buckminster fuller & brand
Buckminster Fuller is best known to cepezed for the legendary question he once asked Norman Foster: 'How much does your building weigh, Mr Foster?' Not for nothing cepezed uses the fictional unit of measurement 'IQ/kg', to indicate that reduction of building material is our priority. Véronique mentioned another 'hero' of our agency: Stewart Brand. Between 1968 and 1971, he published his Whole Earth Catalog, a handbook for building and living in an alternative, do-it-yourself kind of way. Brand's constructive positivism stood out among the many doomsday scenarios.

a balloon home (1973)
Do it yourself-like is also the first of the three examples of experimental design that Véronique concludes her lecture with: A Balloon Home by Lode Janssens. She finds Janssens' design constructively interesting, but mainly because of the 'pedagogical experiment' that this house is at the same time. What does it do to you when you stay in a large space as a family and make intensive contact with the seasons. The garden ran under the balloon screen and when it rained, you would hear it very loudly. The experimentation ended because the snow proved too heavy.

maison serre (1984)
From the French firm Jourda Perraudin, Véronique showed Maison Serre, which is composed of an industrial greenhouse from a catalogue, containing a multifunctional wooden volume. Here, besides sustainability, budget was a motive, as it had already been spent almost entirely on the purchase of the plot. By adding only small interventions in wood to the greenhouse, it has a very small footprint. Moreover, the interior volume could easily be adapted to new wishes of the residents, making it sustainable in this way too.

de fantasie (1984)
Véronique's latest example is a design by Benthem Crouwel Architects for a plot in Almere. This house is a competition entry, with the idea of creating a design free of existing regulations. In this design, we recognised much of our own approach. The house has a demountable steel skeleton and the outer walls consist of sandwich panels. It rests on an ingenious space frame of intersecting steel tubes, which is supported by concrete slabs. The architects later applied the same building principle to a series of customs buildings.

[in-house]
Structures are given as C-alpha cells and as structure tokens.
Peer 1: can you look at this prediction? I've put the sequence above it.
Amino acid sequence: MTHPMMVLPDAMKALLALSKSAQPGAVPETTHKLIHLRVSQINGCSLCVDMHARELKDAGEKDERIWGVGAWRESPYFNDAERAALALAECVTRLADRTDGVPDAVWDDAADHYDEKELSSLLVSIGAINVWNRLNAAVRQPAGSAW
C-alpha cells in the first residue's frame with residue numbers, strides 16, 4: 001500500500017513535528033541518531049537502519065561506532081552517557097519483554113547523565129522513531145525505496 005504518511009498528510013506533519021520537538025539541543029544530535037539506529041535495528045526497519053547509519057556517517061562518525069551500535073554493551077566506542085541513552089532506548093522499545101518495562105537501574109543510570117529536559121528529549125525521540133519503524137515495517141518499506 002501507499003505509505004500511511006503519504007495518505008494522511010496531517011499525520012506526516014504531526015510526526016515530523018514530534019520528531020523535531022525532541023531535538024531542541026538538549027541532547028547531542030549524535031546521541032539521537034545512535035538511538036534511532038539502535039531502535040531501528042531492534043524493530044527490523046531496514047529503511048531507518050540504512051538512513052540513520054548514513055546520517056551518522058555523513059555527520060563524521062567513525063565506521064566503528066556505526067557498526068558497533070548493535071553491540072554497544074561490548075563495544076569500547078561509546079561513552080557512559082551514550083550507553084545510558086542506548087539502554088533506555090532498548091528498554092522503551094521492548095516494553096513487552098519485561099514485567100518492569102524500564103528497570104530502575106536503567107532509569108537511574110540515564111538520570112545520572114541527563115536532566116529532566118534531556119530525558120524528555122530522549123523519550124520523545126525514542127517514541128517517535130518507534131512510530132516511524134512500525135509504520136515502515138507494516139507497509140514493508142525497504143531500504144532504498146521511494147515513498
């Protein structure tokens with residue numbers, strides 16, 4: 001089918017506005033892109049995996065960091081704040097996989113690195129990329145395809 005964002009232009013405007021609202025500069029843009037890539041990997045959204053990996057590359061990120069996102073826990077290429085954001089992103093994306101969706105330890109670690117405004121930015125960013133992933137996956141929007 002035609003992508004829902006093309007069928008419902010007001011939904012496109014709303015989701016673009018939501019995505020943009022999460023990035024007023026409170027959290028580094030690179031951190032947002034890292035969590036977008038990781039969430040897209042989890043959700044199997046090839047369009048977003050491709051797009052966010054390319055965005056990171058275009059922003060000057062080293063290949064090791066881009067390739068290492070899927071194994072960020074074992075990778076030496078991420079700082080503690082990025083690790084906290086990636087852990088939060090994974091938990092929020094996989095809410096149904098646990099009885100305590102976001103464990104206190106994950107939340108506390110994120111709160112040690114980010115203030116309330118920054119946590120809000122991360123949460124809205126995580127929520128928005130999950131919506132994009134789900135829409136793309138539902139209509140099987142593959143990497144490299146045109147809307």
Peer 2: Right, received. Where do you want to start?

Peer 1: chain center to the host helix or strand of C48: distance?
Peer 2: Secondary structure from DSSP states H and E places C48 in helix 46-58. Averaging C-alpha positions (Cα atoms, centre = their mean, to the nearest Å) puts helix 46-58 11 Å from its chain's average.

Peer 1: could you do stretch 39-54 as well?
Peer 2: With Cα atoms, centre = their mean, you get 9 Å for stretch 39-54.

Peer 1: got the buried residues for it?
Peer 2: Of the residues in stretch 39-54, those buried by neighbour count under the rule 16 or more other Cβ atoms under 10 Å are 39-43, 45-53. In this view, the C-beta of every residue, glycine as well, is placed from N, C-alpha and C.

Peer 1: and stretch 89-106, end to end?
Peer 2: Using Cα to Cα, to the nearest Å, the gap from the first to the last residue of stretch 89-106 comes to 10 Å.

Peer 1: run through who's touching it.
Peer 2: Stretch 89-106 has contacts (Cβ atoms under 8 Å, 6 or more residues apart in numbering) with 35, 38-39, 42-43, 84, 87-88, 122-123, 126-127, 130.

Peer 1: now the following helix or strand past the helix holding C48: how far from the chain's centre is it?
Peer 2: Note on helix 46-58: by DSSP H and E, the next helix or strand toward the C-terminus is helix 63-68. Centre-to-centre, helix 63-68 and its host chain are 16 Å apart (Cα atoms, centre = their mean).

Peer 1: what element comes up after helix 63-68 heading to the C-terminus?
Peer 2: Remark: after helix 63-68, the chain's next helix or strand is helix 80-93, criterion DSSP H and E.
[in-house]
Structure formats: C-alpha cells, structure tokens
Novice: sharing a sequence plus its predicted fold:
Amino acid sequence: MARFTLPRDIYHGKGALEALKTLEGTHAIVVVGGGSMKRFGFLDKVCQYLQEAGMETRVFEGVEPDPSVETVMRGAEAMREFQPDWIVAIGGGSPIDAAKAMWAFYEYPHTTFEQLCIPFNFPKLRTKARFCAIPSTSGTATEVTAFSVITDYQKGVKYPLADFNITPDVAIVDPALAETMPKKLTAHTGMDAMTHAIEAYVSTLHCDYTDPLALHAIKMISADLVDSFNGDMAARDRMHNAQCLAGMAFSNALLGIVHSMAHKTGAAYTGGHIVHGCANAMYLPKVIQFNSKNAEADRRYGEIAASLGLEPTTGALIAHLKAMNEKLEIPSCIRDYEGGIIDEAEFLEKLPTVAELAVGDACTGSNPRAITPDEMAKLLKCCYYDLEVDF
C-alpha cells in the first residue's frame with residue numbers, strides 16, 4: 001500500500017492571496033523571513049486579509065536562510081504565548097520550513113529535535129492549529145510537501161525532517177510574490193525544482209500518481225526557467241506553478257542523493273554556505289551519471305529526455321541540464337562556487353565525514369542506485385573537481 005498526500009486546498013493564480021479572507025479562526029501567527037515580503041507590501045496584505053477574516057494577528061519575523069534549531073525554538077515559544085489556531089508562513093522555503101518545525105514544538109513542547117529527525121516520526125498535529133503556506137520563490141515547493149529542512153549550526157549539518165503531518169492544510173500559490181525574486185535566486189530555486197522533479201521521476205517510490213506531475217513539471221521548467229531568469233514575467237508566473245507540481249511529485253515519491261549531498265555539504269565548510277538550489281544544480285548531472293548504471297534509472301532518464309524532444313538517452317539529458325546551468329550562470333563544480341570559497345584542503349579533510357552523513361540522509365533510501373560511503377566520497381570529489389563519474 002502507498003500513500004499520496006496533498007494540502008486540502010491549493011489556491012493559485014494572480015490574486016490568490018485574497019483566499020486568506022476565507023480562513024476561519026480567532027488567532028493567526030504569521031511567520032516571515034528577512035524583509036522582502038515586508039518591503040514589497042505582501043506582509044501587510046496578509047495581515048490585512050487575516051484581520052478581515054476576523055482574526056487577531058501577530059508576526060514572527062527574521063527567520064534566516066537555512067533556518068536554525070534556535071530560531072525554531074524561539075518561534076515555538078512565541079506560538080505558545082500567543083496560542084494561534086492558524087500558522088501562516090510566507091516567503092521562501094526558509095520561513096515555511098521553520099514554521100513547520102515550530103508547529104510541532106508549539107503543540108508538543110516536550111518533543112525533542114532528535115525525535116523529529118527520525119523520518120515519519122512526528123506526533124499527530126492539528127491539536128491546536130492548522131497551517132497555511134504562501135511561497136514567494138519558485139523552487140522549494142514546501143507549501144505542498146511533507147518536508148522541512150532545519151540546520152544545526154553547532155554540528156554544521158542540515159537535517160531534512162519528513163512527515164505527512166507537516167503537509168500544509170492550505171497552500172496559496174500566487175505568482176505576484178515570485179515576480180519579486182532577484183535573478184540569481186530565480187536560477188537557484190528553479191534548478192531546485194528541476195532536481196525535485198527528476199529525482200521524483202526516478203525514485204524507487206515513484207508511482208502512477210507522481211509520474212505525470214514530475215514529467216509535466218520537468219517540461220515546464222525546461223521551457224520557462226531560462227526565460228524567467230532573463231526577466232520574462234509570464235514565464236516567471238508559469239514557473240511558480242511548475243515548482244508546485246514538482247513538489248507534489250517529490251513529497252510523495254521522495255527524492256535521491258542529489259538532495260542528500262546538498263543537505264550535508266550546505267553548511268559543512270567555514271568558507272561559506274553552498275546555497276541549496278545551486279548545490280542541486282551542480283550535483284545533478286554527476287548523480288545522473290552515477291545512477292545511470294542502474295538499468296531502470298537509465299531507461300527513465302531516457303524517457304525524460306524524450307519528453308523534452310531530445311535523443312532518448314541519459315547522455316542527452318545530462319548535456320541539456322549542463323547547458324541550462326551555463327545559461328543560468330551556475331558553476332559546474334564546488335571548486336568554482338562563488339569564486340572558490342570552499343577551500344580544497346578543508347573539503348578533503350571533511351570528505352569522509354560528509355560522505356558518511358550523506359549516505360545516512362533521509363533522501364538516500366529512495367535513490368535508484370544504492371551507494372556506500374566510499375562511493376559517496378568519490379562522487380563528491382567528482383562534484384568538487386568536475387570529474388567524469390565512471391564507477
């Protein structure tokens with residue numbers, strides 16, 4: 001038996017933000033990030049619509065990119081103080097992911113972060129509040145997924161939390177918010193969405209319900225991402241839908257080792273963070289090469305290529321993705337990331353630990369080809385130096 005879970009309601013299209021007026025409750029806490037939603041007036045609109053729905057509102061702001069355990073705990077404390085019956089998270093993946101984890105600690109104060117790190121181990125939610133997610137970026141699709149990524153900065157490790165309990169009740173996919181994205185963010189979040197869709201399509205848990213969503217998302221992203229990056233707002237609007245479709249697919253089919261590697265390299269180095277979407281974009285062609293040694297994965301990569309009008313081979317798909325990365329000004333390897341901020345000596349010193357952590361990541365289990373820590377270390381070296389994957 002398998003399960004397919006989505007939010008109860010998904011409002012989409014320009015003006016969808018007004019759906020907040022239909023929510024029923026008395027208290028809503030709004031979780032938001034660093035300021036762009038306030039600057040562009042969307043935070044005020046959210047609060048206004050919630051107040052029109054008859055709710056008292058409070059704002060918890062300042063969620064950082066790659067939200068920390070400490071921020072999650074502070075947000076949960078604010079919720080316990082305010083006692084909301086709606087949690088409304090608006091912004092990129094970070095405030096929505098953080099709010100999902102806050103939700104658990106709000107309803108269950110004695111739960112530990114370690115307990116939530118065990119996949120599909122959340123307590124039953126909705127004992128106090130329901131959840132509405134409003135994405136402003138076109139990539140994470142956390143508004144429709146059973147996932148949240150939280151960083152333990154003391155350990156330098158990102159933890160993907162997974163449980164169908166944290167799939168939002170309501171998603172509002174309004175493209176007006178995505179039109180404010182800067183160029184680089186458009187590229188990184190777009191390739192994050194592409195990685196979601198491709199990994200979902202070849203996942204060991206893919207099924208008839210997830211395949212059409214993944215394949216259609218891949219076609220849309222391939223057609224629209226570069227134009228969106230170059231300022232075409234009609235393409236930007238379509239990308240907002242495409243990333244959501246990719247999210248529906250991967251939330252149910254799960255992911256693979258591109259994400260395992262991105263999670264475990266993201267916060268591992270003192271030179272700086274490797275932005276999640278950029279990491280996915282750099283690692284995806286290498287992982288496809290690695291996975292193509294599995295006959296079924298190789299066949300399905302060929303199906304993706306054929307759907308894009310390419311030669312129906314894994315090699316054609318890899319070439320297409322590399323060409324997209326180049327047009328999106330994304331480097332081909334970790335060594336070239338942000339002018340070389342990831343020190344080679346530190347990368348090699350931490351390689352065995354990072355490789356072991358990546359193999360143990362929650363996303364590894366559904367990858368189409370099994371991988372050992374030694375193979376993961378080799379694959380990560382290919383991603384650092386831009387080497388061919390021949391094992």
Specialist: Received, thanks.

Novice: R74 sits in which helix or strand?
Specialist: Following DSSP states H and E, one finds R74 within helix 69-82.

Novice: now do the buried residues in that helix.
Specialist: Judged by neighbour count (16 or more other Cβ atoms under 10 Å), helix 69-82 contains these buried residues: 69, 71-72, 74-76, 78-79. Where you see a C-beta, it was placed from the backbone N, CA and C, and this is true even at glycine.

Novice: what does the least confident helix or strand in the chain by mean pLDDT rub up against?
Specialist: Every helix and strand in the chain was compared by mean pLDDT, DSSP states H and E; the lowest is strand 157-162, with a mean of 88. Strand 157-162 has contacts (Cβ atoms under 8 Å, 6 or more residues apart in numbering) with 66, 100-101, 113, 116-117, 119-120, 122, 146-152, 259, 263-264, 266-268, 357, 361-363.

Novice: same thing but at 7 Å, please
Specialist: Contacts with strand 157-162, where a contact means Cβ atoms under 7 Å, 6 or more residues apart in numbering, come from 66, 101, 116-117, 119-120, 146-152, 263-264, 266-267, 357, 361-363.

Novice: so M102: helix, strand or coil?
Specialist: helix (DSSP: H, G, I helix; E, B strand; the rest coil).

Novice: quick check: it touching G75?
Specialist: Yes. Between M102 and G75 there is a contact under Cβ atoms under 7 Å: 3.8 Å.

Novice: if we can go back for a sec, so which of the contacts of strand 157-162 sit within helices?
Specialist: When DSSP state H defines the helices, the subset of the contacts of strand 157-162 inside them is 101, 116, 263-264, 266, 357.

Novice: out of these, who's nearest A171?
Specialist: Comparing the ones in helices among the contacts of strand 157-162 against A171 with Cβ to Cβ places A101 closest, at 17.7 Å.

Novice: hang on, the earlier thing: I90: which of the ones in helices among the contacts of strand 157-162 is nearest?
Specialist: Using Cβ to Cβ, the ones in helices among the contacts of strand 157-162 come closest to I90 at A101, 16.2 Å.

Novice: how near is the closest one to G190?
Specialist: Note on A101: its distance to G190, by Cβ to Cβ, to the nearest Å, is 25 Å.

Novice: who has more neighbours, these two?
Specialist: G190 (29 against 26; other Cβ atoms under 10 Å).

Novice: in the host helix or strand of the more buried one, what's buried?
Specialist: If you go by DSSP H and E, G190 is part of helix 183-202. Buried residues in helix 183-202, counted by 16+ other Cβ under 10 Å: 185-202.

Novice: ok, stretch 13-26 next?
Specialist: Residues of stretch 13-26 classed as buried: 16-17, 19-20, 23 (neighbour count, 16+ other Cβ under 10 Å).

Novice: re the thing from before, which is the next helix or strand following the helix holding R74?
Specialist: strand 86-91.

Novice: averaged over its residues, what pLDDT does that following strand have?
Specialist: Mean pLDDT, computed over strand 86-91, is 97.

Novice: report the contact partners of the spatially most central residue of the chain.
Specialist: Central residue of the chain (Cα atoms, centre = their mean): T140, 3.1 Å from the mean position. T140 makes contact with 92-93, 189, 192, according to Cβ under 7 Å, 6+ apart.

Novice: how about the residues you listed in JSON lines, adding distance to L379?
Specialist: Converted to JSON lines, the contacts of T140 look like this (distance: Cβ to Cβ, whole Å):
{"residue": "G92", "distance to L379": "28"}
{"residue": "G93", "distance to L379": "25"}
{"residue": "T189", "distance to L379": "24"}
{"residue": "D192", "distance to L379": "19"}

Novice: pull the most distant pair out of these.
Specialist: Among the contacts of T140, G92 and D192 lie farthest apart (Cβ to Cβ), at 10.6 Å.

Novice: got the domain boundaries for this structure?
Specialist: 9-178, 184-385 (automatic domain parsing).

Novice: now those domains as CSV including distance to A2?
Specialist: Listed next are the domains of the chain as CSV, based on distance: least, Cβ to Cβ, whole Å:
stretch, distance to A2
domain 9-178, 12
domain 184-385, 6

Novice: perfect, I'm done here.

Just as most good lectures, it offered food for thought. Sustainability is an important motive for innovative experiments, but not the only one. For cepezed, for instance, the 'quality of a building as a product' was important from the start. Are there other motives? What role does aesthetics play and how do you move within the regulations while experimenting? In the final domain, the examples mentioned offered few starting points, because the architects had an extraordinary amount of freedom.

good company
When asked about experiments within the density task, Véronique calls transformation "the task of the future". She thinks that Lacaton & Vassal Architects, among others, handles this in an exemplary manner. cepezed also wholeheartedly endorses the importance of transformation - in any case, Véronique's lecture made it clear that by doing what we do, we are in good company.

Véronique Patteeuw is an architectural historian and a lecturer and researcher at the universities of Leuven and Lausanne. She teaches at the Lille School of Architecture and is editor of architecture magazine OASE. For the 2022 edition, she was one of the four curators of the IABR exhibition It's About Time.

lucas van der wee
lucas van der wee